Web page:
Don't have space or money or whatever for a prize wheel? Get a pair of dice, put up a sign, and assign prizes based on the probability of the results. Statistically speaking, sevens are the most likely roll, so give away a sticker or something for that. Twelves and twos are the least likely, so give away a bigger prize for those rolls. Or do something else. Draw cards. Whatever. Get really creative with it.

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Third, make friends. After being rolled up and tied to the top of our car for two days (sixteen hours from Nashville to NYC, FYI), our rug didn't lay nicely on the booth floor. Our neighbors, the sweet ladies at Chick Lit Designs, were good enough to lend us some packing tape to tape it down. And we lent them our tools when they needed an extra screwdriver for their booth assembly. Help one another out. Nicoline Evans (pictured) and KN Salsutro (whose book Chasing Shadows is killing me right now!) were both a huge support to me when I was first looking at attending, so I don't hesitate to talk those ladies up. A lot of vendors know the power of working together, so do that thing! Likewise, people will remember with a sour taste in their mouths if you're a jerk, so don't do that thing.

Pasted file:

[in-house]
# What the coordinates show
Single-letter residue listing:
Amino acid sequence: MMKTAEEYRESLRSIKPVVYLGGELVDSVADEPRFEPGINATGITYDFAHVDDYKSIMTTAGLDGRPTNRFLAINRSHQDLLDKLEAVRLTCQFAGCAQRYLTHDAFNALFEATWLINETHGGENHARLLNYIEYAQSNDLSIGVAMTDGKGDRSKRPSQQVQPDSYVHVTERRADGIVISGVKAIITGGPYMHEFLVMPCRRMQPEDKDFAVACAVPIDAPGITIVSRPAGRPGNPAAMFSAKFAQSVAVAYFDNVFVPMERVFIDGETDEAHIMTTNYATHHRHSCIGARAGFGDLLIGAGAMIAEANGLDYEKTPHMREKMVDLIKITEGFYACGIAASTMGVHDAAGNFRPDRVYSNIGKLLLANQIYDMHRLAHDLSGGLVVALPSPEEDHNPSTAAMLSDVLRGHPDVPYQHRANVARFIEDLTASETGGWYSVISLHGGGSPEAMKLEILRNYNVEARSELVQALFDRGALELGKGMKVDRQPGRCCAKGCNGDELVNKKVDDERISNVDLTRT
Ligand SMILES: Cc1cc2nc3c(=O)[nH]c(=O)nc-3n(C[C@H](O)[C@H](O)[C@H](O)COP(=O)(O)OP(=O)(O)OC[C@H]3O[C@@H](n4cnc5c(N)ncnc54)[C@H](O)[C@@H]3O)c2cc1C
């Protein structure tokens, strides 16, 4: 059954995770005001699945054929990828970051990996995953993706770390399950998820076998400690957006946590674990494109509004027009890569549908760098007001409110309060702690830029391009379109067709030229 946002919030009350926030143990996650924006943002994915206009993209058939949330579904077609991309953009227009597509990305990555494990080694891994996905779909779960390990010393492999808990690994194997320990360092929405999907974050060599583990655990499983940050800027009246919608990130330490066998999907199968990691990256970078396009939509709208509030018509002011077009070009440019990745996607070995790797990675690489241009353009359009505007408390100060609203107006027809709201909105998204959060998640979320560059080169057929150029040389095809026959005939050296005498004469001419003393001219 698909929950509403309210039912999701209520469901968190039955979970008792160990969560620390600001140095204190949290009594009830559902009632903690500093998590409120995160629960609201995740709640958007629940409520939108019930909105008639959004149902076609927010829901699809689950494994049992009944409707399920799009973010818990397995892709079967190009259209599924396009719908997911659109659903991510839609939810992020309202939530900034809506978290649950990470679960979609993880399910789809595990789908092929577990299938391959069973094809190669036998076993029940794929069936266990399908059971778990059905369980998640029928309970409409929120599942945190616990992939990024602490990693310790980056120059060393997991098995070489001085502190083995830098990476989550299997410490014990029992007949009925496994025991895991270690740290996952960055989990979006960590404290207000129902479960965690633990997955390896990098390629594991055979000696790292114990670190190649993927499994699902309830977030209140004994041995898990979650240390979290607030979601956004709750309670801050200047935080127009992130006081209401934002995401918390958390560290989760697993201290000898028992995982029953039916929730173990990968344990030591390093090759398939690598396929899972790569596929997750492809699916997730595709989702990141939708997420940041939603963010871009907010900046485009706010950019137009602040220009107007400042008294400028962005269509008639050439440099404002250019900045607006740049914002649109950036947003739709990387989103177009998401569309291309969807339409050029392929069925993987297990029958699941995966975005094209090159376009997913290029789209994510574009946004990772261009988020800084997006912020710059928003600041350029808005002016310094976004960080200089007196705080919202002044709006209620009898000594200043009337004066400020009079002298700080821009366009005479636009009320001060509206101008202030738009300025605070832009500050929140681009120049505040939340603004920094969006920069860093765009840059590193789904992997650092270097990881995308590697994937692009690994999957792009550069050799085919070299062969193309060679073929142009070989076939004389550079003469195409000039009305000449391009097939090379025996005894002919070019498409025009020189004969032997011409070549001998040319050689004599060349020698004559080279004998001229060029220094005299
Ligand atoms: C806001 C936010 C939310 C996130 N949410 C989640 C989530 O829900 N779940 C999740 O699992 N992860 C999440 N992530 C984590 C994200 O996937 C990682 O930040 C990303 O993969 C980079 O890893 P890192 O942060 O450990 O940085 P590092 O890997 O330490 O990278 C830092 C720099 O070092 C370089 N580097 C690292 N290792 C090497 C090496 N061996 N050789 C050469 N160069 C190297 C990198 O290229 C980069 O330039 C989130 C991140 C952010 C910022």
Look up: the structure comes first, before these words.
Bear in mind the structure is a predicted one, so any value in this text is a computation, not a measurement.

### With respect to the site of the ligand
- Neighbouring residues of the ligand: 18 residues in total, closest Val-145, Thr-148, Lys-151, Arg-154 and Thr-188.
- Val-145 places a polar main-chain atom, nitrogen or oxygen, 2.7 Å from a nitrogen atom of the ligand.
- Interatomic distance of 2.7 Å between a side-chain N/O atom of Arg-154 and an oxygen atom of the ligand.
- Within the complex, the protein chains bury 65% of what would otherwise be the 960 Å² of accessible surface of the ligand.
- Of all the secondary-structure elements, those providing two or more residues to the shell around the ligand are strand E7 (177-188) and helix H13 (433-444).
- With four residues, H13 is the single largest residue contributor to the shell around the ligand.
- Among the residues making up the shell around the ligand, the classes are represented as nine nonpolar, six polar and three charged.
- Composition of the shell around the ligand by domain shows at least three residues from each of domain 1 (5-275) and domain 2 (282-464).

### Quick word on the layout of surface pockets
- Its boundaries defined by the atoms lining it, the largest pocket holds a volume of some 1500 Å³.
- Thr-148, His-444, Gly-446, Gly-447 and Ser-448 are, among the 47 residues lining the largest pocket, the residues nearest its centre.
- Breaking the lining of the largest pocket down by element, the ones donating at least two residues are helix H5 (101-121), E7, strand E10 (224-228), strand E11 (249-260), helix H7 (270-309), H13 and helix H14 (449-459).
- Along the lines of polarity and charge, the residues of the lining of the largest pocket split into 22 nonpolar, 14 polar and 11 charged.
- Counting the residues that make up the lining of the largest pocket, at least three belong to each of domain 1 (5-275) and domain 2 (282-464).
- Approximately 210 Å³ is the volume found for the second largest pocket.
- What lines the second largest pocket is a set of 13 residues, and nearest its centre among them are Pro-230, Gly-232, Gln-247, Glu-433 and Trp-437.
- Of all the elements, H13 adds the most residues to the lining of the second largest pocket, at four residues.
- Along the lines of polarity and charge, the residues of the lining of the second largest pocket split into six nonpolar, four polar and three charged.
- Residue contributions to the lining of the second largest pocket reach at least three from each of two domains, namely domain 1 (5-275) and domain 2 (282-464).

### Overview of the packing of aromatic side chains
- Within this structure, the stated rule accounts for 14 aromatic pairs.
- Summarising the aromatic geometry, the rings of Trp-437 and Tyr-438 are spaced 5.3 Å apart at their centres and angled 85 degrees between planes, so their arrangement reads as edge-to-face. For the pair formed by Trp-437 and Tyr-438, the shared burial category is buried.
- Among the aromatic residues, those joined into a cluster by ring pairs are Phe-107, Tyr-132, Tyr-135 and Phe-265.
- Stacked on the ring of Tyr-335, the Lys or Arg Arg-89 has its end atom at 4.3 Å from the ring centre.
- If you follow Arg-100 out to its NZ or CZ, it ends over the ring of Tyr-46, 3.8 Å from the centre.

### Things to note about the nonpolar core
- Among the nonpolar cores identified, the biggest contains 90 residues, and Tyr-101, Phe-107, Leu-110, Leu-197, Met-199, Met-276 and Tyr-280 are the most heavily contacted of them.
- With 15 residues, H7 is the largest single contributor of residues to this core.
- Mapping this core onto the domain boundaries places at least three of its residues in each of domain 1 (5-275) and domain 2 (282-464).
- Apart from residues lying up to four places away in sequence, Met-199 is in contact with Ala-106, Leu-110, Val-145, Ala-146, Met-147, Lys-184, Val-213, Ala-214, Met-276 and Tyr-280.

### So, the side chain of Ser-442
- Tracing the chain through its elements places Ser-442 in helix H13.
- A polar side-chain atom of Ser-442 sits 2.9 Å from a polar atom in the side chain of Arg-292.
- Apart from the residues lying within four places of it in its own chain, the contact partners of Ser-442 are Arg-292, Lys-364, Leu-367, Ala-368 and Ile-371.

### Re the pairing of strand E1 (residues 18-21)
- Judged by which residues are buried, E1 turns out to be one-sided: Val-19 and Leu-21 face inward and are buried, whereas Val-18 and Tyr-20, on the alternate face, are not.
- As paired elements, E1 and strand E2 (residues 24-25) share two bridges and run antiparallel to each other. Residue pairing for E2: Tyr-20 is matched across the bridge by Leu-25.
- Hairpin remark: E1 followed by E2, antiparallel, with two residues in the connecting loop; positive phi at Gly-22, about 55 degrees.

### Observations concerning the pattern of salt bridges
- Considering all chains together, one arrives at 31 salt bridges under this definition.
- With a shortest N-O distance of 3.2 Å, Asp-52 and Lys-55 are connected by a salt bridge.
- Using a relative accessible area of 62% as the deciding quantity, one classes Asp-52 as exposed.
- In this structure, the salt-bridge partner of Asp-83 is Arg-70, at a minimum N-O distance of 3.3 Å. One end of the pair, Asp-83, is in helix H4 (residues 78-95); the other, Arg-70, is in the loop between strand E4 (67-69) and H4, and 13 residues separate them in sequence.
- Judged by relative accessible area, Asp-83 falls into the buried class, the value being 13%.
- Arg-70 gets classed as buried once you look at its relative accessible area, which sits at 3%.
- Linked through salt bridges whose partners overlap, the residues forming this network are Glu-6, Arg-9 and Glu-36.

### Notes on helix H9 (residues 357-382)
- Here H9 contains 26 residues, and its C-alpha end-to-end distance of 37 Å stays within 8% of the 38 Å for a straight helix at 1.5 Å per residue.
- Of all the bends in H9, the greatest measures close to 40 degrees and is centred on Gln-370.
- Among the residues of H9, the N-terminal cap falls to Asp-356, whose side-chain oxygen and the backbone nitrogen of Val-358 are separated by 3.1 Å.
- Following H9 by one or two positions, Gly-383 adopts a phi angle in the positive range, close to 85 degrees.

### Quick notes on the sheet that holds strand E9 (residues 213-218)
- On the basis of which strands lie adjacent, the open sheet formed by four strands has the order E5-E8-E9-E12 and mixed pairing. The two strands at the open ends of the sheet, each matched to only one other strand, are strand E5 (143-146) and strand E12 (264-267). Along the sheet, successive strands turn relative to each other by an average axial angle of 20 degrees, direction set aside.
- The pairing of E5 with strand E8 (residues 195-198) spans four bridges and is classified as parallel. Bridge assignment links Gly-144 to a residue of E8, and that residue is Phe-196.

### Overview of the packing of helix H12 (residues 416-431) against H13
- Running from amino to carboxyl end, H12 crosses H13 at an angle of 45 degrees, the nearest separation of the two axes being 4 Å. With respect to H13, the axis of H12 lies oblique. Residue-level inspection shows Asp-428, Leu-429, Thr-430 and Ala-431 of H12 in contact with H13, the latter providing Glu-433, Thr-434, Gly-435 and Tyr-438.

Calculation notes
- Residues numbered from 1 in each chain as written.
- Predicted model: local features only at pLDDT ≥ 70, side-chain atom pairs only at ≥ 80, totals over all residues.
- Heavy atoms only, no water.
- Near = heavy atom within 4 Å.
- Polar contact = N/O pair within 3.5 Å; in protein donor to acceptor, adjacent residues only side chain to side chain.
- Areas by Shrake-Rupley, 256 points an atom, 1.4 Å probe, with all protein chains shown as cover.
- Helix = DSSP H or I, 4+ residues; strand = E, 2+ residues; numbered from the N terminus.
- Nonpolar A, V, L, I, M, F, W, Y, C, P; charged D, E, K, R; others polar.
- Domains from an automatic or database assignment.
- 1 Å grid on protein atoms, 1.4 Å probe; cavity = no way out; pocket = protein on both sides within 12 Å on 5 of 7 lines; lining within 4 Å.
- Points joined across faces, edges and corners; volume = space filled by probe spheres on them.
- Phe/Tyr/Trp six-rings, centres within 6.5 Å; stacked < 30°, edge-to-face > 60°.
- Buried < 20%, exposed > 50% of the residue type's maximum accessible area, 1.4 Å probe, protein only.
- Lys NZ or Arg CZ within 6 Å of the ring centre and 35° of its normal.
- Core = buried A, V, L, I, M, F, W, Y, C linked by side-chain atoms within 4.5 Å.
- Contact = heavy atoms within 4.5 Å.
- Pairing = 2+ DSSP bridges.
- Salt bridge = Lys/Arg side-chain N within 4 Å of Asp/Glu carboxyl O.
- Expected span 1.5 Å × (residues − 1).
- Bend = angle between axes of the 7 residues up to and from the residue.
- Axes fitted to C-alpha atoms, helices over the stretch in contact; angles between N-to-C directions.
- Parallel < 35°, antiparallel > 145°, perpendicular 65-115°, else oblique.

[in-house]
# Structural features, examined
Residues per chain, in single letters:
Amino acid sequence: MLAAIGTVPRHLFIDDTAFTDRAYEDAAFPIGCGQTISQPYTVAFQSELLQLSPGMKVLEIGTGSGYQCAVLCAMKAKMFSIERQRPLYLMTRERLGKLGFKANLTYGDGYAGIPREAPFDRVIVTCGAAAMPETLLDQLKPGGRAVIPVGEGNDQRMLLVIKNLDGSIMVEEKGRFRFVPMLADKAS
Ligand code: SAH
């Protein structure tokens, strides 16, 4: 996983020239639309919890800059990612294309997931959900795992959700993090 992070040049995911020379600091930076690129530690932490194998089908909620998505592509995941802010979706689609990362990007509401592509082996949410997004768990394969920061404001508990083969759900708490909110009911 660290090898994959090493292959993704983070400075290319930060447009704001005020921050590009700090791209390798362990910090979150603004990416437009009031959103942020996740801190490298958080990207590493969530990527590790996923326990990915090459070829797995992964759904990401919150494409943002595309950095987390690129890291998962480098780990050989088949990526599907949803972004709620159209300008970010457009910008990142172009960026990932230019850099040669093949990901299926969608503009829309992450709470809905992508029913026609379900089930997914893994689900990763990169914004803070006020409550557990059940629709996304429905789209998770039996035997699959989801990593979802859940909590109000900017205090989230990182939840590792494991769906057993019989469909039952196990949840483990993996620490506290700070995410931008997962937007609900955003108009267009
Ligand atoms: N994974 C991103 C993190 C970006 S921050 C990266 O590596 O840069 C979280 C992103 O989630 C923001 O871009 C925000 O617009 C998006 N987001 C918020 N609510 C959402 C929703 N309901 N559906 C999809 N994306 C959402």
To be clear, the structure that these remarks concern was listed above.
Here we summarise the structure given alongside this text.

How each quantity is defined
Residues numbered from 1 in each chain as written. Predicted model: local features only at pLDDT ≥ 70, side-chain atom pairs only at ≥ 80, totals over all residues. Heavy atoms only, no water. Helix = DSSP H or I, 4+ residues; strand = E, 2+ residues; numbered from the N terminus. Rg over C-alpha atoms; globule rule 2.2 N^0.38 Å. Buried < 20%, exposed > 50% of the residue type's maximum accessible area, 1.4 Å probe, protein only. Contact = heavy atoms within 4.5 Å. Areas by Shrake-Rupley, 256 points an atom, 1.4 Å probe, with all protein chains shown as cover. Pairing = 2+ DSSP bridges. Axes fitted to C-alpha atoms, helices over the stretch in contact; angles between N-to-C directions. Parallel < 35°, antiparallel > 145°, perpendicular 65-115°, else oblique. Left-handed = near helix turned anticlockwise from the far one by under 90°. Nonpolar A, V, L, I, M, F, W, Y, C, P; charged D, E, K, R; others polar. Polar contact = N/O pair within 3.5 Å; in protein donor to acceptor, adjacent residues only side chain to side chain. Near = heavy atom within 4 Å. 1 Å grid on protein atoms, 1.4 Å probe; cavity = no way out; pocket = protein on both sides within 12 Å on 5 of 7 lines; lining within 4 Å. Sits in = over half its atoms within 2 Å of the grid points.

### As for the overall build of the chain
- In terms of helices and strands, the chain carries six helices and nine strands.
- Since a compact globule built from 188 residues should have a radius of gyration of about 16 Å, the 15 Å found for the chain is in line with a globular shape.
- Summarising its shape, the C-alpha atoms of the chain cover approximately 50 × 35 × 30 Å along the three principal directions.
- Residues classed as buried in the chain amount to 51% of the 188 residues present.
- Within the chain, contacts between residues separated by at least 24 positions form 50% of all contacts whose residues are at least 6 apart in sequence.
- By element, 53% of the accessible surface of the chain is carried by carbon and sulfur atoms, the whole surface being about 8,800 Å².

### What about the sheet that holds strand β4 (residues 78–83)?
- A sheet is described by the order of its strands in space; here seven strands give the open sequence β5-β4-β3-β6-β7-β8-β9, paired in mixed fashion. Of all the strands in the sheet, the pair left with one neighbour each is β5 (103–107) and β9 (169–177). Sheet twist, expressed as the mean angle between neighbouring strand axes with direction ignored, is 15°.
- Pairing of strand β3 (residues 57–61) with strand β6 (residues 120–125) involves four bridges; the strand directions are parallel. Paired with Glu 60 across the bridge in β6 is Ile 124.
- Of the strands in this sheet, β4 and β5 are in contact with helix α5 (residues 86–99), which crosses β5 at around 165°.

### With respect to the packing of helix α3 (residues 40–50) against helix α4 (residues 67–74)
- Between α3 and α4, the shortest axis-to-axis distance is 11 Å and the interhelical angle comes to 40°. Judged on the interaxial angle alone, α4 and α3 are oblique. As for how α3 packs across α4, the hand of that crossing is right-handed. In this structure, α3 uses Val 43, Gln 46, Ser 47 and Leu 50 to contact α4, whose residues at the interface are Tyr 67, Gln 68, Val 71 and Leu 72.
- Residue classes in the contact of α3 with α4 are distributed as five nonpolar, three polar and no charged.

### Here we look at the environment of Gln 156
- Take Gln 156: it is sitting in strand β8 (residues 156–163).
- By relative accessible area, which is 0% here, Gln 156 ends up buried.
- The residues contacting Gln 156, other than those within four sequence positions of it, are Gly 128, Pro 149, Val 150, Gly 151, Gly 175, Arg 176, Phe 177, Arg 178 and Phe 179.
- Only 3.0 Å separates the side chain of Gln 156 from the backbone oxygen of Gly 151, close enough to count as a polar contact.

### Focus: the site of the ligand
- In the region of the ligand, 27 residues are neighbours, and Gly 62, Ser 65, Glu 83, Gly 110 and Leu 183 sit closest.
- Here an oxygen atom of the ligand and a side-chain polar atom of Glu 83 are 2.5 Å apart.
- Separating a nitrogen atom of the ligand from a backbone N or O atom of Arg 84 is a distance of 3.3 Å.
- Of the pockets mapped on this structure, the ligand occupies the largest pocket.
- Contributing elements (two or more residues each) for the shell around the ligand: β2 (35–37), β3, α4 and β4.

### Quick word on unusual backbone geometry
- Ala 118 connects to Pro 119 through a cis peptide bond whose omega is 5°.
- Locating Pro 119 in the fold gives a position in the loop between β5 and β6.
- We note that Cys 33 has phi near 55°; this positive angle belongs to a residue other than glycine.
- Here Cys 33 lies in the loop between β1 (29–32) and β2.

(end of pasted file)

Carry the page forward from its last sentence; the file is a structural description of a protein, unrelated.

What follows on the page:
And finally, read the other live show post if you haven't yet. It has loads more information and tips on selling, setup, etc. If you've got questions or comments, be sure to leave them in the comments section below. ðŸ‘‡ You can also find out what other live shows I'm attending in the future by visiting my main page. Just scroll down a little to find it.

Thanks for reading!